Saturday, April 17, 2004

Israel-Palestine, Truth from the land of Israel - disparity between media reports and reality (no Israeli activist killed yet) 17/04/04

"Well-equipped Border Police units surrounded the village, and a few hundred meters from where the security forces were deployed, six or seven bulldozers plowed away areas where the fence is to be built, sometimes ruining agricultural areas." 'How not to disperse demonstrators' "The separation fence is going up along a controversial route that is generating protests and acts of resistance." 'Protest is not Terrorism,' below "The security forces know how to show restraint and caution when it comes to the "hilltop youth" and they should show the same measure of restraint when it comes to civilian demonstrations at the fence." 'Protest is not Terrorism,' below

"It's become an almost daily routine. Every morning the residents of villages located on the planned route of the separation fence - from Elkana in Samaria to the outskirts of Jerusalem - wake up to the harsh metallic noise of the bulldozers. In the early morning hours the heavy machinery rumbles into the area, surrounded by security guards and army and Border Police troops." Picking Their Battles -----------------------------

Dear Friends,

Below, I continue my inquiry of the preceding days into media representations of the protests against expropriation of Palestinian lands, their destruction, the uprooting of olive trees by the hundreds (probably thousands), the enclosing of Palestinians into ghettos, and the rest. My inquiry has been prompted by what the average Israeli that one meets believes regarding what is happening in the OTs, and why Israelis are so ill informed. While some Israelis do not want to know, this is by no means true of all. Unfortunately, most think that they do know, even though those of us who do take the trouble and the time to learn the history of the conflict, to be part of the protests, to meet Palestinians and talk to them, to share their pain, to live with them through some of their tribulations, and to look around at what is happening to Israel as a result of what is occurring in the OTs, immediately recognize that the Israeli public is being fed a steady diet of misinformation. The media is as complicit in distributing misinformation as is the government in distributing propaganda.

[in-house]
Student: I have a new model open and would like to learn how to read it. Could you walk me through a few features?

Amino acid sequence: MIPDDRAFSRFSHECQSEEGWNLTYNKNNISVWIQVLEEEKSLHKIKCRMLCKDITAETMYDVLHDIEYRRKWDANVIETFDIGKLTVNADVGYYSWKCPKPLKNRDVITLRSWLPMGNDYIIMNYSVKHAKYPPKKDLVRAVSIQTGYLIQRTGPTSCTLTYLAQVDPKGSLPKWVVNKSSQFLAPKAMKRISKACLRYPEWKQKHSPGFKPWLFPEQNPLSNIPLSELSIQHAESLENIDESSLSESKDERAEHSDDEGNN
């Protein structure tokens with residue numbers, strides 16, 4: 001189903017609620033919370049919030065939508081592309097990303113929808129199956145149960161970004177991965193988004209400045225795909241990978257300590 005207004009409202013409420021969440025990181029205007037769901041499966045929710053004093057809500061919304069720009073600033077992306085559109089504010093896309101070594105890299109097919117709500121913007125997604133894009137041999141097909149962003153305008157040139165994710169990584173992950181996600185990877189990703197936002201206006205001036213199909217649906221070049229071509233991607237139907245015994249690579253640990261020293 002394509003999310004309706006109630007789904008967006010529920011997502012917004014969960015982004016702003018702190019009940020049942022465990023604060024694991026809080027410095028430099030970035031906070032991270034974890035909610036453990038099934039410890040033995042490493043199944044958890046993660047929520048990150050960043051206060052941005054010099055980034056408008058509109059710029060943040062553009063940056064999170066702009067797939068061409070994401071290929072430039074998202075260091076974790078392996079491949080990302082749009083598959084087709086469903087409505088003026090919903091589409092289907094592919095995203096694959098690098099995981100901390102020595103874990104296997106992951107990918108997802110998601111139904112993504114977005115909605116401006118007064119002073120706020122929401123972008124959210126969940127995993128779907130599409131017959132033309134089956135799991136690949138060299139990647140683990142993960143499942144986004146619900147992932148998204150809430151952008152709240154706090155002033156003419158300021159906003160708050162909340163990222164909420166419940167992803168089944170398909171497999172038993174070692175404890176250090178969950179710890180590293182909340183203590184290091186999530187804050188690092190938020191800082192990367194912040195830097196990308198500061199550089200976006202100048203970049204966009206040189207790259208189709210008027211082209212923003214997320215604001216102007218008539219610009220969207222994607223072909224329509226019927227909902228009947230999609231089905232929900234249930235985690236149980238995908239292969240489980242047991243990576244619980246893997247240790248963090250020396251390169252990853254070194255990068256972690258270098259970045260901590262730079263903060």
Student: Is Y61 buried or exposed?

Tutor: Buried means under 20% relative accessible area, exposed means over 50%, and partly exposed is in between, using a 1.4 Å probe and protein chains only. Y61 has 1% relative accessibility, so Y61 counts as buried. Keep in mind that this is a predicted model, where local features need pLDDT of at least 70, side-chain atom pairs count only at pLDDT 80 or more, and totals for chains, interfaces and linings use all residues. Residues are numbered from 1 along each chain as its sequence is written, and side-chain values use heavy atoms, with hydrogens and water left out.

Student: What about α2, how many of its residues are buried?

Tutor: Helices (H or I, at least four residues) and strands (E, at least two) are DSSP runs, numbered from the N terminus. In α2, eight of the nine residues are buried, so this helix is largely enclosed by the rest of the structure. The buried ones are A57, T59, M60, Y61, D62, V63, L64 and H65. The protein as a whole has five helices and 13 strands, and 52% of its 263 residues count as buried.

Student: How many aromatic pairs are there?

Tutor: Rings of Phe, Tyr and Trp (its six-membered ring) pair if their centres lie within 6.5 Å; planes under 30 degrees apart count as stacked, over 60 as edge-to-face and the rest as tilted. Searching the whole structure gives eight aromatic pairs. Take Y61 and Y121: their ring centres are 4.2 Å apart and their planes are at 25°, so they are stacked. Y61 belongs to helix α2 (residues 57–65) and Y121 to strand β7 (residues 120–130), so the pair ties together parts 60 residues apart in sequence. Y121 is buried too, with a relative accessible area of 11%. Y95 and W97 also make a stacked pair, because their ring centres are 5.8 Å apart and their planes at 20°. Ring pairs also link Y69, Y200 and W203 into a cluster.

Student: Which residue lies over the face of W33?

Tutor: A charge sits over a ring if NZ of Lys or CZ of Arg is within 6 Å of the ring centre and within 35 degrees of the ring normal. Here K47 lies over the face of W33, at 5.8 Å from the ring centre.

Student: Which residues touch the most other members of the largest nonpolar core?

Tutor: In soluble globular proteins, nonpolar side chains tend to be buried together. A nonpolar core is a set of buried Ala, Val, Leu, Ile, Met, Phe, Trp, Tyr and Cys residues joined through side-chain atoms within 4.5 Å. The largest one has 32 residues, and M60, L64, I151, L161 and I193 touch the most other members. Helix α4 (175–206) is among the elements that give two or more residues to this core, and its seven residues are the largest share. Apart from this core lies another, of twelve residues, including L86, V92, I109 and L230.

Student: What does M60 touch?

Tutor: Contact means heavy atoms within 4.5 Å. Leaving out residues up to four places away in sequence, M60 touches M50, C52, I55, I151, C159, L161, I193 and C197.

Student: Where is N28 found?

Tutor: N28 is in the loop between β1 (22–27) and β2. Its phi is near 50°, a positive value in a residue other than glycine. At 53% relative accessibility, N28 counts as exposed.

Part 2 of this intro, discusses the quotations from newspapers above. Part 3 scans newspaper depictions about yesterday's protest at Biddu. Part 4 relates what I know about yesterday's events. Part 5 closes this message with 3 reports, first the Ma'ariv English depiction of yesterday's events at Biddu, then yesterday's editorial in Ha'aretz, which, I believe, rightly complains that protests are not terrorism and should not be treated as such, and finally an ISM report relating (sadly) that a 17 year old was killed at today's protest.

Lots of reading below, but I hope you will find most and perhaps all worth your while. II.